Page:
palliate

[pal-ee-eyt]
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verb (used with object), pal·li·at·ed, pal·li·at·ing.
  1. to relieve or lessen without curing; mitigate; alleviate.
  2. to try to mitigate or conceal the gravity of (an offense) by excuses, apologies, etc.; extenuate.

Origin of palliate

First recorded in 1540–50, palliate is from the Late Latin word palliātus cloaked, covered. See pallium, -ate1
Related formspal·li·a·tion, nounpal·li·a·tor, nounnon·pal·li·a·tion, nounun·pal·li·at·ed, adjective
Dictionary.com Unabridged Based on the Random House Unabridged Dictionary, © Random House, Inc. 2018


Examples from the Web for palliate

Historical Examples of palliate


British Dictionary definitions for palliate

palliate

verb (tr)
  1. to lessen the severity of (pain, disease, etc) without curing or removing; alleviate; mitigate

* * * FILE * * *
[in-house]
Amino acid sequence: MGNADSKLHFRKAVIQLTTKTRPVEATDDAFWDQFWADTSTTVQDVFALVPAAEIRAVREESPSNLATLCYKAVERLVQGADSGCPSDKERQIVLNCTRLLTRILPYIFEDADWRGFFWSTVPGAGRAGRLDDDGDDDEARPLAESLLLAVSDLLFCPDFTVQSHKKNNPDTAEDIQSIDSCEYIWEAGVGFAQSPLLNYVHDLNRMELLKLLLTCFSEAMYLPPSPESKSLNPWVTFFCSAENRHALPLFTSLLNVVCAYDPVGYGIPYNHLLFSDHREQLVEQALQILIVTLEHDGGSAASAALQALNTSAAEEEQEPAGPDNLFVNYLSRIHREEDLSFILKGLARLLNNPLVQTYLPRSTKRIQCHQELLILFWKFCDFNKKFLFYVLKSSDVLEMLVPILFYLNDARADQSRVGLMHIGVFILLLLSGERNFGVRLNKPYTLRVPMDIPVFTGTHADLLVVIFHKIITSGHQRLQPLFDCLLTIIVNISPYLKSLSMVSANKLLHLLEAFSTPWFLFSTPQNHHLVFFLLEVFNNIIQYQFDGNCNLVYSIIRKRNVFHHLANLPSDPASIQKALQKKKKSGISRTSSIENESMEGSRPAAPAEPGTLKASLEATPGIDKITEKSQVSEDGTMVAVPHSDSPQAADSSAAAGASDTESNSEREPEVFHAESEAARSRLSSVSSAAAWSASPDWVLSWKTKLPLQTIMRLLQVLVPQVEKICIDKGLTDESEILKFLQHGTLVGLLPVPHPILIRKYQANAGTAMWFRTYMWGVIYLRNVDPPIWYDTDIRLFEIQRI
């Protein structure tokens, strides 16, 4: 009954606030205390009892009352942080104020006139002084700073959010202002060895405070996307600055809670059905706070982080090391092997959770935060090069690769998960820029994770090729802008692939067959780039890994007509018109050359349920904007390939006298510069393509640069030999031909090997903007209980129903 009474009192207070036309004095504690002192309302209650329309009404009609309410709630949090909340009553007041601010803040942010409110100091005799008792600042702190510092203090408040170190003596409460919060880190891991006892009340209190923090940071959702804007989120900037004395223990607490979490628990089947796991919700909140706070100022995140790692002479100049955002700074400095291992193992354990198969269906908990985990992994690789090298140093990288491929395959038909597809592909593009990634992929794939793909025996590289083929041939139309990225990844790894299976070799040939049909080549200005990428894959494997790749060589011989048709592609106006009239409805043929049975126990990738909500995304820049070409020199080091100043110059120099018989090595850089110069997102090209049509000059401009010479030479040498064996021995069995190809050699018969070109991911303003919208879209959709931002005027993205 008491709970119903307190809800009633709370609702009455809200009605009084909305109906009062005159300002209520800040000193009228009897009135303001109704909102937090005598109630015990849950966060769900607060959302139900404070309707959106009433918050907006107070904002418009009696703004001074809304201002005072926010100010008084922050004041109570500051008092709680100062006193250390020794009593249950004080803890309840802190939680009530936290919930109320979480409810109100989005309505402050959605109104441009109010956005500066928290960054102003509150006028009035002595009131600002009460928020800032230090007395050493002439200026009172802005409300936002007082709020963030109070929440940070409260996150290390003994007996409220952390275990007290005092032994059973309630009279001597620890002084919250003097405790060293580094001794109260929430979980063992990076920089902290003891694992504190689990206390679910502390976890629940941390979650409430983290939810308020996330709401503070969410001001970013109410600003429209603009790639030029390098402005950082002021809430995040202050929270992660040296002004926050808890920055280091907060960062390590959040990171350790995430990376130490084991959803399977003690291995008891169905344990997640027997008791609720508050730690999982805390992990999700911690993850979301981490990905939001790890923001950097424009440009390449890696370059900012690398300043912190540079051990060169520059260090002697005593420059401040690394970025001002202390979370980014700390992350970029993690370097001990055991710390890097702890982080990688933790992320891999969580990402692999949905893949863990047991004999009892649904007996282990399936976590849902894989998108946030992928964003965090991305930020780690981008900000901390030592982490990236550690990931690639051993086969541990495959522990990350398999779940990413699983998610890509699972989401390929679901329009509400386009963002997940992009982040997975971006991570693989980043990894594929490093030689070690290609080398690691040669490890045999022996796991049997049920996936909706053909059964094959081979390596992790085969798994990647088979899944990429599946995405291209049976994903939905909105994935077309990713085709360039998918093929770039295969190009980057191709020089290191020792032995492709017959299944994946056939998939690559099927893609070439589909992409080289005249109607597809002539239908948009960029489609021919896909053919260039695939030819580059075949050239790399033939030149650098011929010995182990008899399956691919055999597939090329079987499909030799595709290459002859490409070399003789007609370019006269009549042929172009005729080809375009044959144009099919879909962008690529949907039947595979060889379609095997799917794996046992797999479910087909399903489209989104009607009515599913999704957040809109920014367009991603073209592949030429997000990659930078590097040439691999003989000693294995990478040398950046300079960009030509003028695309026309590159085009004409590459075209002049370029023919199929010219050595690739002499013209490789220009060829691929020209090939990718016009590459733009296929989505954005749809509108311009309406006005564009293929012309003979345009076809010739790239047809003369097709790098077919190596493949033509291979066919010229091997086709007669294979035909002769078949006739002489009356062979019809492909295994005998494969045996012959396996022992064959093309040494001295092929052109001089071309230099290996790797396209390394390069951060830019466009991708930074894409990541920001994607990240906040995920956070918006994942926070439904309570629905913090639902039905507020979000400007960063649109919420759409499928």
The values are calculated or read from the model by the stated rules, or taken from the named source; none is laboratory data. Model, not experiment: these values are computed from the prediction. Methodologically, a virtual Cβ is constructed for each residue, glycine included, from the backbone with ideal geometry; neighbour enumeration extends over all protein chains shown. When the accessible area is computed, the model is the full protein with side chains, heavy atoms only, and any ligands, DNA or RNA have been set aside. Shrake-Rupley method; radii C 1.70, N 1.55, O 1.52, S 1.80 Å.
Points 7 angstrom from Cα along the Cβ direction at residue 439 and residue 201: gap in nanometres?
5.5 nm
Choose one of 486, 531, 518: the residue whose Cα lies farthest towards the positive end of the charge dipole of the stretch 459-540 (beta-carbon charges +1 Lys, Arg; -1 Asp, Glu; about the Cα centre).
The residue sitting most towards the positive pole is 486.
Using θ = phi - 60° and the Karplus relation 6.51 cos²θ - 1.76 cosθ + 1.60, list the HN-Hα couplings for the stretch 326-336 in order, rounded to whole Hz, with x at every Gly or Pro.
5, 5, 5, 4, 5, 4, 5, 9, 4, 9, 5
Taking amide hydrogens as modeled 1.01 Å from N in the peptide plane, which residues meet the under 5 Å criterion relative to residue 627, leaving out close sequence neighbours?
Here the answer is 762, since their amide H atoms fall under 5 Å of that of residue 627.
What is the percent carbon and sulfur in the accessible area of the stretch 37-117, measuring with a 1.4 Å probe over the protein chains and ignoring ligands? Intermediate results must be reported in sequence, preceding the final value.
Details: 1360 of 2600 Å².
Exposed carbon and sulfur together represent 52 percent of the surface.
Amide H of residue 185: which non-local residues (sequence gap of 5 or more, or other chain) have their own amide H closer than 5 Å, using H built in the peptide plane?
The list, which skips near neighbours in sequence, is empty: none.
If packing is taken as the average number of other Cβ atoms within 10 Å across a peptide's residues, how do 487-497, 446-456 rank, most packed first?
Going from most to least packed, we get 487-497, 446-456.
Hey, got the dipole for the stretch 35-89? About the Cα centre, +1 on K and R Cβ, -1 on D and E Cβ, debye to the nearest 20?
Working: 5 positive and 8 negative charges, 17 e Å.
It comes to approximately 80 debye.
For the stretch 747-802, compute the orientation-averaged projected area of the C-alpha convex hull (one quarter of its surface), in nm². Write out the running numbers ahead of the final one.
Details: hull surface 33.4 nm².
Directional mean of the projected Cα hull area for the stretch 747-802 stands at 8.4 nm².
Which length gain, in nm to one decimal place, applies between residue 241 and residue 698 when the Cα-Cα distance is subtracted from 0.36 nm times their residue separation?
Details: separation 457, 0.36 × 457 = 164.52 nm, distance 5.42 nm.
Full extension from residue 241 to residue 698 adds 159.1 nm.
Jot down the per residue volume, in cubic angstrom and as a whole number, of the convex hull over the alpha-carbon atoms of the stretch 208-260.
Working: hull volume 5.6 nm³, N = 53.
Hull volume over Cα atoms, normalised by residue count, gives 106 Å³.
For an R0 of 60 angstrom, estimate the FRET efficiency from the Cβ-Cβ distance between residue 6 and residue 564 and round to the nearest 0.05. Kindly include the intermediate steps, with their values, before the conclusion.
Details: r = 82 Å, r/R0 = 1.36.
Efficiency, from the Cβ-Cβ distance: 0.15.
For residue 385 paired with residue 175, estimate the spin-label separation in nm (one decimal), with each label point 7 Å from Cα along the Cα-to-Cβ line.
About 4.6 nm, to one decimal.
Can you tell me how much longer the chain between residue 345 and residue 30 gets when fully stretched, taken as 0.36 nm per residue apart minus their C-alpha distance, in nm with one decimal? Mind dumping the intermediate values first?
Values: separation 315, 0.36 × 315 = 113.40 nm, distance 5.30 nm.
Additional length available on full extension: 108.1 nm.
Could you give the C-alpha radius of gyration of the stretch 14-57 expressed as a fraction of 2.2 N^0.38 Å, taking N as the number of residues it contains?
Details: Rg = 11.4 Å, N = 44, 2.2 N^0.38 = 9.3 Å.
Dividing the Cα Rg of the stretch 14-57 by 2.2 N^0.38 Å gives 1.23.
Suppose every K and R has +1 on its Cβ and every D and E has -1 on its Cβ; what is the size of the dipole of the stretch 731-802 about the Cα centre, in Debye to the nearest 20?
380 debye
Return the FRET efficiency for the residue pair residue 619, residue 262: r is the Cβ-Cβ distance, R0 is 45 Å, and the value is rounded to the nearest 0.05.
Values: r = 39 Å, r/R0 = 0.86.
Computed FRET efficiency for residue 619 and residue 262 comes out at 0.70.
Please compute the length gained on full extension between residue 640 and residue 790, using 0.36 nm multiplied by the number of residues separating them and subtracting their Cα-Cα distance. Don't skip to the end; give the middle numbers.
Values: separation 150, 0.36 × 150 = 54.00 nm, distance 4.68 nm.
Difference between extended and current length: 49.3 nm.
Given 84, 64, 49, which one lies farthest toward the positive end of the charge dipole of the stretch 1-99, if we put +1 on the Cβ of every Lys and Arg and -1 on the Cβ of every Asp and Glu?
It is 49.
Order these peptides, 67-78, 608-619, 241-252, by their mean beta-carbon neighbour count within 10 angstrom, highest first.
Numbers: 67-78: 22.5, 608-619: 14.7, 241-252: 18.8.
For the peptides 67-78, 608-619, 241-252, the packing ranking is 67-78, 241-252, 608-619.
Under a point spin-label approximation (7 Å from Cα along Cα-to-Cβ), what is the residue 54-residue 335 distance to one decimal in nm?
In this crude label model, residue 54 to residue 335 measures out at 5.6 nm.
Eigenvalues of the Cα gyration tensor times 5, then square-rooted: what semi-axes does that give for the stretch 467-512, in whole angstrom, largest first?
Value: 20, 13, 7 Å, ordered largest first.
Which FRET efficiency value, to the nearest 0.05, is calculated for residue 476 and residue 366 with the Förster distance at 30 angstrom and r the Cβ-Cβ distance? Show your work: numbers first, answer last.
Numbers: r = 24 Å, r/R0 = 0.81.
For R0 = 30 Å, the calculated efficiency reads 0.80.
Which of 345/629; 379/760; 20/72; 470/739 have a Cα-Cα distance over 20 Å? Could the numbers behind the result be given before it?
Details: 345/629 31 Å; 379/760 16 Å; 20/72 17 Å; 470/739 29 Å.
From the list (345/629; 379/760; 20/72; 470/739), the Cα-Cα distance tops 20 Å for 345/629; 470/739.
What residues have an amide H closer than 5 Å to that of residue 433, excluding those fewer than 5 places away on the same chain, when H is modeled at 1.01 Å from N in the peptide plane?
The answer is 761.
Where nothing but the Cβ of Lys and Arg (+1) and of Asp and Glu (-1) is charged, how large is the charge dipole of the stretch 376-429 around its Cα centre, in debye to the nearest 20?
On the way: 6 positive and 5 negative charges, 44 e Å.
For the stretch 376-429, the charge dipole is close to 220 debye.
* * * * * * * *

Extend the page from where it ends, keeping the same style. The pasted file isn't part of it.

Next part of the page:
2. to cause (an offence) to seem less serious by concealing evidence; extenuate
Derived Formspalliation, nounpalliator, noun

Word Origin for palliate

C16: from Late Latin palliāre to cover up, from Latin pallium a cloak, pallium
Collins English Dictionary - Complete & Unabridged 2012 Digital Edition © William Collins Sons & Co. Ltd. 1979, 1986 © HarperCollins Publishers 1998, 2000, 2003, 2005, 2006, 2007, 2009, 2012

Word Origin and History for palliate
v.

"alleviate without curing," early 15c., from Medieval Latin palliatus, literally "cloaked," from past participle of Late Latin palliare "cover with a cloak, conceal," from Latin pallium "cloak" (see pall (n.)). Related: Palliated; palliating; palliation.

Online Etymology Dictionary, © 2010 Douglas Harper

palliate in Medicine

palliate

[pălē-āt′]
v.
  1. To reduce the severity of; to relieve somewhat.
The American Heritage® Stedman's Medical Dictionary Copyright © 2002, 2001, 1995 by Houghton Mifflin Company. Published by Houghton Mifflin Company.